Leaders for Fly Fishing
The right leader can mean the difference between magic and mediocre when fly fishing.
Of all the fishing techniques we deploy, fly fishing writers, experts, and purists would lead you to believe that fly fishing is the most challenging. Yes, casting a fly rod consistently with any distance is challenging, as is working a weightless fly that has no action of its own. Even the leaders are different, as well as picking or building the right leaders for the fish you’re targeting and the conditions you’re fishing. At its core, however, fly fishing is no different or more difficult than any other kind of fishing. The truth is, it’s harder to cast with a baitcaster rod than any fly rod and reel. The fly fishing mystique comes from its original writers, who only knew and wrote about fly fishing.
In this short article, we will dispel some of that mystique and talk about leaders used in fly fishing. These include knotted leaders made by anglers and knotless, store-bought leaders.
The Role of the Leader in Fly Fishing
Since fly anglers are casting the line itself, rather than the weight of the lure, the line must be thick and weighted. In fact, it is often thickest at or near the tip of the line, where it connects to the leader. The leader gets thinner as it moves towards the fly itself.
Like a lot of angling, the important skills are going to be the ones you develop on the water. But we can definitely help point you in the right direction when considering what leaders are best for fly fishing.
Fly line leader consists of three basic parts: the butt section, the taper section, and the tippet section. The sections gradually taper from the butt section (thickest) to the taper section (thinner than the butt section) to the tippet section (thinnest and lightest). Leaders are approximately six to fourteen feet in total length, including all three sections. The sections change in pound test, depending on what you’re fishing for and what fly you’re throwing. You can use monofilament, fluorocarbon, or a combination of both to make your fly leaders. A saltwater fly leader might consist of a butt section of 40 lb test, a taper section of 20 lb test, and a tippet of 12 lb test. It’s done this way to create an even transfer of energy or force from the rod to the line and down through the leader. In short, your fly will properly roll over on the water’s surface this way, looking as real as a baitfish. The two main fly leaders are knotted leaders, which the angler custom builds him or herself, or knotless leaders made by fly leader manufactures and purchased in stores or online.
The Butt Section
This section attaches to the main fly line and is the thickest section of the leader. It can be joined with many different knot connections, such as a nail knot, uni knot, perfection loop, or any effective connection of your choice. The butt section usually makes up about 40% of your leader connection.
The Taper Section
This is a thinner piece of monofilament which is tied to the butt section with an albright knot, uni knot, loop knot, or any connection that will hold together two leader sizes of unequal diameter. The taper section makes up another 40% of your leader connection.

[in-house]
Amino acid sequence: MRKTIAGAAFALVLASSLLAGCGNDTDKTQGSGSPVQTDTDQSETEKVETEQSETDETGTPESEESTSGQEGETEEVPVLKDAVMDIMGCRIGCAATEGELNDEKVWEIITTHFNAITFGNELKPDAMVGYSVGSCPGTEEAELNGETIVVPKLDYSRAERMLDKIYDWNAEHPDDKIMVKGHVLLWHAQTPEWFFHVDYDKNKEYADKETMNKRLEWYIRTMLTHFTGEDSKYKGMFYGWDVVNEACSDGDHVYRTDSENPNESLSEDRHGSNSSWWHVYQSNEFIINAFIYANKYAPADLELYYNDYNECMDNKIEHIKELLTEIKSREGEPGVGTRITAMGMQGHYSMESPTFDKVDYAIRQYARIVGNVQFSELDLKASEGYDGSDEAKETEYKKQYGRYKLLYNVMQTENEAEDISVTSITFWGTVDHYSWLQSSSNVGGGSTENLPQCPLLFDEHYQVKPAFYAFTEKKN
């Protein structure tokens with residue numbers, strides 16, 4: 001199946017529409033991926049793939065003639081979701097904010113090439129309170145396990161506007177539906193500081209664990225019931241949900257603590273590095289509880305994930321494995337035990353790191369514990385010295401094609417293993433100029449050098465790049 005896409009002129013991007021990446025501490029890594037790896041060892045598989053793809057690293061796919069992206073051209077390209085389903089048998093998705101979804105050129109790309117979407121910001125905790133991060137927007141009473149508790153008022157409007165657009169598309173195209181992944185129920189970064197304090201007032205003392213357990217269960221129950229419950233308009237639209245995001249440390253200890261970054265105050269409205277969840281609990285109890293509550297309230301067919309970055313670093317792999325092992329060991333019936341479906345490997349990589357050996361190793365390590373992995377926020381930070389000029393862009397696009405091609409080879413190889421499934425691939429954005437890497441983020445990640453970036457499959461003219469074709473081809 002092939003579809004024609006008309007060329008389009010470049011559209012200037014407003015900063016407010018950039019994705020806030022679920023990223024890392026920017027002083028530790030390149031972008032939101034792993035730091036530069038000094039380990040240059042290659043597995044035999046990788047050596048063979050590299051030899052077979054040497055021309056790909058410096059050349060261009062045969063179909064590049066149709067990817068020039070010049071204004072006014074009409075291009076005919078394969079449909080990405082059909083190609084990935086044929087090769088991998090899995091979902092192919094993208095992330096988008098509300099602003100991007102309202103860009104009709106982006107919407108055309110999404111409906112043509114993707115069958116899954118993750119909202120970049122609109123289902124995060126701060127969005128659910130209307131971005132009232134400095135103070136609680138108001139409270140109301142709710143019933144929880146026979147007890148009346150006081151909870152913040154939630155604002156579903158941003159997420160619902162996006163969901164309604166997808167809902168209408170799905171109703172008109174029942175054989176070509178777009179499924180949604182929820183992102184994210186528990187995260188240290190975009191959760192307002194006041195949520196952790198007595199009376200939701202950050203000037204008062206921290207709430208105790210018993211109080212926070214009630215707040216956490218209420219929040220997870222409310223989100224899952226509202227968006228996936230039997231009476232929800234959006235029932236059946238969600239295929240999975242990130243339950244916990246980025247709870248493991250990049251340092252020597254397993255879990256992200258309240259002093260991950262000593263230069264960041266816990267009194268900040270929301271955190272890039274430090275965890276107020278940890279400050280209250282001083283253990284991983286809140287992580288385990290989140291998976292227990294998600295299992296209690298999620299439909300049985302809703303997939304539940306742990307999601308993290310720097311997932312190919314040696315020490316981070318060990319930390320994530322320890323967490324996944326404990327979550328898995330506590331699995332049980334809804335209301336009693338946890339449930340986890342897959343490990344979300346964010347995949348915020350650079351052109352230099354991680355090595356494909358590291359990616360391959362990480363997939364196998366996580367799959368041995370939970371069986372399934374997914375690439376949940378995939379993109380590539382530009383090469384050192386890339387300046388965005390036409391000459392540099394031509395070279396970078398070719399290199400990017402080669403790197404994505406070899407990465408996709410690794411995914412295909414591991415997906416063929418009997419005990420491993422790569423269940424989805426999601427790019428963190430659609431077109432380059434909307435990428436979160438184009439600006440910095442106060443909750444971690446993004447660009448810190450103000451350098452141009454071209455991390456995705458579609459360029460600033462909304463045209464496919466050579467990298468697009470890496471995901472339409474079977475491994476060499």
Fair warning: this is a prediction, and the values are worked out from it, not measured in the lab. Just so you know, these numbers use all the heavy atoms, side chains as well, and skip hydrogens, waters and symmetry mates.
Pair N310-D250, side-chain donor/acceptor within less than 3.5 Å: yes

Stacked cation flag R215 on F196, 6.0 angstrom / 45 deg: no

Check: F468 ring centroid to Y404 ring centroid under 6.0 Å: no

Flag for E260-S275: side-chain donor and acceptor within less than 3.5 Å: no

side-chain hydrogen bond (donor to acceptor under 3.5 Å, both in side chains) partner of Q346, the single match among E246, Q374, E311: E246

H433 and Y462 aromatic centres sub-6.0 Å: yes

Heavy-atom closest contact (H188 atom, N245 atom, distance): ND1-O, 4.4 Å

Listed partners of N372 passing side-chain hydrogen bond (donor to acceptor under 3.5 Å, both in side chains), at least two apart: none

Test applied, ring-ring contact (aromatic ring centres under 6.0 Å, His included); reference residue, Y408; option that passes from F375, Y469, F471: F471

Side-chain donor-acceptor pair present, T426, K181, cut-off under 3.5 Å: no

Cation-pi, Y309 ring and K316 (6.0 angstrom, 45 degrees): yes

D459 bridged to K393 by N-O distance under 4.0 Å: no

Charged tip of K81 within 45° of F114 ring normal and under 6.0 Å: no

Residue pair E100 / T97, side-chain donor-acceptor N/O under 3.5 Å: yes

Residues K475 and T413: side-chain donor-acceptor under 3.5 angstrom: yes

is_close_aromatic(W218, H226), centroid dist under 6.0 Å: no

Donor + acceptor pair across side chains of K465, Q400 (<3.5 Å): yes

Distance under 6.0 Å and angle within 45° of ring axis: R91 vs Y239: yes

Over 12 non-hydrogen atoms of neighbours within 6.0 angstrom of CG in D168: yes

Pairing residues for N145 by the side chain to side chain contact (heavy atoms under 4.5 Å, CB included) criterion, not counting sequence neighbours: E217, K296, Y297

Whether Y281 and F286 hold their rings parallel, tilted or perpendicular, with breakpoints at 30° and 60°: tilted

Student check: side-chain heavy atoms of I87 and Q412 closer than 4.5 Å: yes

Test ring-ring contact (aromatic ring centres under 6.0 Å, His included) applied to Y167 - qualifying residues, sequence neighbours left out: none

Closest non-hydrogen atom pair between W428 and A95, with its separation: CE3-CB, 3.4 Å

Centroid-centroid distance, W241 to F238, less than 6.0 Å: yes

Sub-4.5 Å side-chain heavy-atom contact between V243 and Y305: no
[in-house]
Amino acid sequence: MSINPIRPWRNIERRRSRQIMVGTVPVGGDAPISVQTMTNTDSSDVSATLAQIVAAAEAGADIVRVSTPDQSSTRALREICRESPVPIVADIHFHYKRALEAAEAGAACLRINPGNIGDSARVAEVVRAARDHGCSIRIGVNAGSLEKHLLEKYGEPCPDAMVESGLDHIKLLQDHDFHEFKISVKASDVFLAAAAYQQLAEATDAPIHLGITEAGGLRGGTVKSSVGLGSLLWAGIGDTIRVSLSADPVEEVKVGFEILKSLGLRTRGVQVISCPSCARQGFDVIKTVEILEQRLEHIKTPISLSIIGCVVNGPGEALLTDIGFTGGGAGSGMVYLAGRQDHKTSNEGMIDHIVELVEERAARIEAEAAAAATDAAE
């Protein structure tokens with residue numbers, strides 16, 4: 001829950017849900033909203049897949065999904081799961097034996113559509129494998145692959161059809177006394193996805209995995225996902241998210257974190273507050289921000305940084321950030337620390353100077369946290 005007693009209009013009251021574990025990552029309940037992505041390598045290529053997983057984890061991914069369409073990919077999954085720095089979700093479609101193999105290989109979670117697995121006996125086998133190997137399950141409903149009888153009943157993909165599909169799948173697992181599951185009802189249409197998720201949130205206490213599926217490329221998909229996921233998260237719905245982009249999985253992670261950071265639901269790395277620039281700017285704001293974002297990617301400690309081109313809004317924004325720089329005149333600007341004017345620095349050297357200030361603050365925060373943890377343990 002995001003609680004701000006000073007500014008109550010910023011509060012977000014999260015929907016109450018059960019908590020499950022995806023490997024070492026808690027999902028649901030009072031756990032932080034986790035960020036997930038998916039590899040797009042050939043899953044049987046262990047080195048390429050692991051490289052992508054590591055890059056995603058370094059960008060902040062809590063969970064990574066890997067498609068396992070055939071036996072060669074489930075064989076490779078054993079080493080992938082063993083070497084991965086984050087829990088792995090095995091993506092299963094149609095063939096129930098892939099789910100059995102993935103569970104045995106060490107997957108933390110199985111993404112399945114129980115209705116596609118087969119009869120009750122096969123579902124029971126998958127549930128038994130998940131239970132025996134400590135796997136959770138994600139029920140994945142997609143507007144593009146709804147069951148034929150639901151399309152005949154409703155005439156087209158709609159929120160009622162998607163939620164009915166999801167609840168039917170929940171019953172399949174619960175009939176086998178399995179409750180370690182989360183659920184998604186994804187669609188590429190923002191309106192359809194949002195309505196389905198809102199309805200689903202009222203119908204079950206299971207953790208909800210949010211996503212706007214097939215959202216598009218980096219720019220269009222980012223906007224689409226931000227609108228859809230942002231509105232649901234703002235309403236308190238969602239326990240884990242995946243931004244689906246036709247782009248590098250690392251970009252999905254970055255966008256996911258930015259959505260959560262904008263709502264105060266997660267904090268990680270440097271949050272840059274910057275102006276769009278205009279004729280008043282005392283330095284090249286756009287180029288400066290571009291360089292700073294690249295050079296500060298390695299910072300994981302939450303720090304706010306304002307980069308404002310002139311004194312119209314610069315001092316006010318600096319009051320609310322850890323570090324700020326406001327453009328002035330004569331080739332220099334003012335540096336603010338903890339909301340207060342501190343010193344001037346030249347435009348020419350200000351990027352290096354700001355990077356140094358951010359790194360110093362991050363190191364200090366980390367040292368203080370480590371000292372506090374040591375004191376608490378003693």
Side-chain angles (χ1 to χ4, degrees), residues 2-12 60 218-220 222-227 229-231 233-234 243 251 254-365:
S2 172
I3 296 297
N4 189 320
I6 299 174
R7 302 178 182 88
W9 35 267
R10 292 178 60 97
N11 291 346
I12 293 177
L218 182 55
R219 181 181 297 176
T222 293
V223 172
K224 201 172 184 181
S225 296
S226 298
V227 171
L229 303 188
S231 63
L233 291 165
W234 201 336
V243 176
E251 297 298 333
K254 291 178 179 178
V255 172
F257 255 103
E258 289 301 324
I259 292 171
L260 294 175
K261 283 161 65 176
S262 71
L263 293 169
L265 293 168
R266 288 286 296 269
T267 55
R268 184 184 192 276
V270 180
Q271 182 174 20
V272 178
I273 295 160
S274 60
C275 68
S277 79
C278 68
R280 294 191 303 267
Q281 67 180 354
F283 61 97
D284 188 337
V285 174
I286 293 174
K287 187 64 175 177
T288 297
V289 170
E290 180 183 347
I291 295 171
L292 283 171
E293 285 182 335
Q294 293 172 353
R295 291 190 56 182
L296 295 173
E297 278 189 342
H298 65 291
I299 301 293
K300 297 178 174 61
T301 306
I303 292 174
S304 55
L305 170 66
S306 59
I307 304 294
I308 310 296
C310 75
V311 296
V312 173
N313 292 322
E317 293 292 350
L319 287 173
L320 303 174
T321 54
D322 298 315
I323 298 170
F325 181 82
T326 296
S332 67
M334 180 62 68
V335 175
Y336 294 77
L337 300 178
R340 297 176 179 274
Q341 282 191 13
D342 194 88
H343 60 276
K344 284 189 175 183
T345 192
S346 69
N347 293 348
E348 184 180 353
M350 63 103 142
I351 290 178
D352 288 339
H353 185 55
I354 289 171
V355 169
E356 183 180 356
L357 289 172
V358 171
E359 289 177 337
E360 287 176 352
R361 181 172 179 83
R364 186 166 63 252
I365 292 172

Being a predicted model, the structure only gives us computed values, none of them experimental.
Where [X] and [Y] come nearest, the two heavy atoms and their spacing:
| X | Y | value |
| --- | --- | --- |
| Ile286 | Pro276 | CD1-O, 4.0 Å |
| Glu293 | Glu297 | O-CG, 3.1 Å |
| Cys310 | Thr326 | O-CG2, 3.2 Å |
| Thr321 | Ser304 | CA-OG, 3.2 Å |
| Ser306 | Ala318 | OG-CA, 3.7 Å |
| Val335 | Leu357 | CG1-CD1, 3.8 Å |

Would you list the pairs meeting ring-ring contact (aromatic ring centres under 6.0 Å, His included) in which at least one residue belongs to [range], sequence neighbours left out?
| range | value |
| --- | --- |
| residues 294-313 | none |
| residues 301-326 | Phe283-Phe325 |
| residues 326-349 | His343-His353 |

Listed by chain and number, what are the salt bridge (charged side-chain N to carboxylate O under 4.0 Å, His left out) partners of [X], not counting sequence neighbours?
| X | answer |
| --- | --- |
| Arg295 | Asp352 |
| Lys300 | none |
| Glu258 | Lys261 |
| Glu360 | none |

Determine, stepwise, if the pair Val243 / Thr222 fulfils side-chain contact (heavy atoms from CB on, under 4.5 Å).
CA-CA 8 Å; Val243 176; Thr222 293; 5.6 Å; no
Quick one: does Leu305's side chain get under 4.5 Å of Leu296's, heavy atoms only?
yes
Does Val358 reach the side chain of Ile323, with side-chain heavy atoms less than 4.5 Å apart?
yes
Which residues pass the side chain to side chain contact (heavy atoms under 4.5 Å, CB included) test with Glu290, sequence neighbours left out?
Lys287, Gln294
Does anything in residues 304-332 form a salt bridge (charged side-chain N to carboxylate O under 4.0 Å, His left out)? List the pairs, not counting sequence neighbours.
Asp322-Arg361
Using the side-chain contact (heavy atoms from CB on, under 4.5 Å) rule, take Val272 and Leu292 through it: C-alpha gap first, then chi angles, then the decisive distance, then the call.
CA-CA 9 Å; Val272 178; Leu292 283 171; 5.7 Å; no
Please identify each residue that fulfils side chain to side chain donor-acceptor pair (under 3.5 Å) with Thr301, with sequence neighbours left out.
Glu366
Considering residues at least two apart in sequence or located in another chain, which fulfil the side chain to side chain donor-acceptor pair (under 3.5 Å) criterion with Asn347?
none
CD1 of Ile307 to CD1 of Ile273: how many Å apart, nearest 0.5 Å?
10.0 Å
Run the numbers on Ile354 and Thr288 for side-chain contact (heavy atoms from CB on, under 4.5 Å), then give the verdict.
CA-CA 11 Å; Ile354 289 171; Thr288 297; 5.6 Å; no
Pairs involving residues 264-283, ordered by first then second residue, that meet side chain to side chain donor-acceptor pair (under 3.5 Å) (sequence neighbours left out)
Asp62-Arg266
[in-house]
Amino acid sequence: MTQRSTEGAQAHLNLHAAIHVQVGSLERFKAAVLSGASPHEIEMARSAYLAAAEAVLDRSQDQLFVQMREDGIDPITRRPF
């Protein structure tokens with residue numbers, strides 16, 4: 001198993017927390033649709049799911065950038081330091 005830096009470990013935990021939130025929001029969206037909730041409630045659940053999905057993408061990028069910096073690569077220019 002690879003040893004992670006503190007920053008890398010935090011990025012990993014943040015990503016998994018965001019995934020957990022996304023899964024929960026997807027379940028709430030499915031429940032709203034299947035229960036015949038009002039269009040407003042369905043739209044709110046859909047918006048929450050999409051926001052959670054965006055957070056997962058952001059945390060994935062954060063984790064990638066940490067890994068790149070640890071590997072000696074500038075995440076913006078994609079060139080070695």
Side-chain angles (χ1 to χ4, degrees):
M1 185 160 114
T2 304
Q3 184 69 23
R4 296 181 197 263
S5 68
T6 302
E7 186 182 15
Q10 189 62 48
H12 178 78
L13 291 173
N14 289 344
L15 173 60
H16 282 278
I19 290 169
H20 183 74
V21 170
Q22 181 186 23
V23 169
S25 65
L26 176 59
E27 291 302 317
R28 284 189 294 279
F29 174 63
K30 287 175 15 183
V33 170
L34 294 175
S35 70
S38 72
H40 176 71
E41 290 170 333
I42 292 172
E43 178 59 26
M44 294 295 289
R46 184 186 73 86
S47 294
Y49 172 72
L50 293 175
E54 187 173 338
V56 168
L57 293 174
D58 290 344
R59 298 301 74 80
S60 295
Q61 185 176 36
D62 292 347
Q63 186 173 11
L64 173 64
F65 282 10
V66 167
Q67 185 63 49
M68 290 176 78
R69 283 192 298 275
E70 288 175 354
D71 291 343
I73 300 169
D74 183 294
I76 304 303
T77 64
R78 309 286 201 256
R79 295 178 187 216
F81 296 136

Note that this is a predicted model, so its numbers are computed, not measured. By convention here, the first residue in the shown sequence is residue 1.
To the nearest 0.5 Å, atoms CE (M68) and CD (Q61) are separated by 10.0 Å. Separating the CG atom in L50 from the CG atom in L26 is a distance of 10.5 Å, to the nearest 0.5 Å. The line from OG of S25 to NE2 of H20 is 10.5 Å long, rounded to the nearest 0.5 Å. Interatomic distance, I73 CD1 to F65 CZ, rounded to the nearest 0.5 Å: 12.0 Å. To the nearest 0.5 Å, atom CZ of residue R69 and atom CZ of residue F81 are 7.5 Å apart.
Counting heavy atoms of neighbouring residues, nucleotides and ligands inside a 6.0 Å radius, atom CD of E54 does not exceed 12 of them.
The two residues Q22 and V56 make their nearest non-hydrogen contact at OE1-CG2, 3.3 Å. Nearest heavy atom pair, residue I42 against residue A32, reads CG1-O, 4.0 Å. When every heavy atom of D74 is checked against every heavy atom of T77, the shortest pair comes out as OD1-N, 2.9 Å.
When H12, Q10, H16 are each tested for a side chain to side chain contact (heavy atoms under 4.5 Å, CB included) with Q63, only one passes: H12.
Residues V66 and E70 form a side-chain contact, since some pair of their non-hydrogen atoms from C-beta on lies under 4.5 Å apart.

The Tippet Section
This section is tied to the taper section with the same knots you use to tie the taper section to the butt section. It’s important to go with the lightest tippet possible. A small fly requires a very light tippet; if your tippet section is too heavy, the fly will never be presented properly. The tippet section makes up the last 20% of your leader. Your fly is now tied onto the end of your tippet with the smallest loop knot you can tie. You can also use fluorocarbon for your tippet because it is invisible and very abrasion resistant.
Some anglers apply a bonding agent to their leader knot connections, but if you tie your knots correctly, there’s no need to take this extra step.
As their name implies, knotless leaders have no knots and taper down from the butt section to the taper section and on to the tippet section. All the specifications of each section are labeled on the package. The butt and taper sections are rated in poundage on the package, so the package would read 30 lb butt section, 15 lb taper section. The tippet sections are rated by their thickness and have a number assigned to them, followed by the letter X. This originates from an old English system, where a lot of fly fishing language comes from. The higher the number, the thinner the tippet leader. The heaviest tippets are 0X, 1X, and 2X.
Fly Fishing Without a Tapered Leader
There are fisher folks that use a simple saltwater leader for fly fishing. If they are comfortable with 20lb test, they put eight or ten feet of 20lb test onto the fly line with a small loop knot (a perfection loop knot for both loops) and tie that to their fly. It works okay when you are fishing for very hungry and cooperative fish, for instance, Mackerel, Jack, or Lady fish in open water. But try catching Snook or Steelhead in clear waters with one leader and you will fall short. That’s where tapers come into play to present and work the fly effectively.
Other Miscellaneous Fly Leaders
Furled leaders are another alternative to tying your own leaders from scratch.
Some fly anglers like to use tippet rings to connect their fly line leader sections. They work, but it’s another piece of terminal tackle that fish can see, plus you have to double your knot connections, which leaves more of a chance for failure.
Leaders are the final connection between that perfect line, the charged and active fly rod you paid a lot of money for and the fly you love so much. Forget the fish. Before you feel the pull, make sure you pick the right leader, connect it correctly, and lay it down perfectly. Then you might really feel the magic.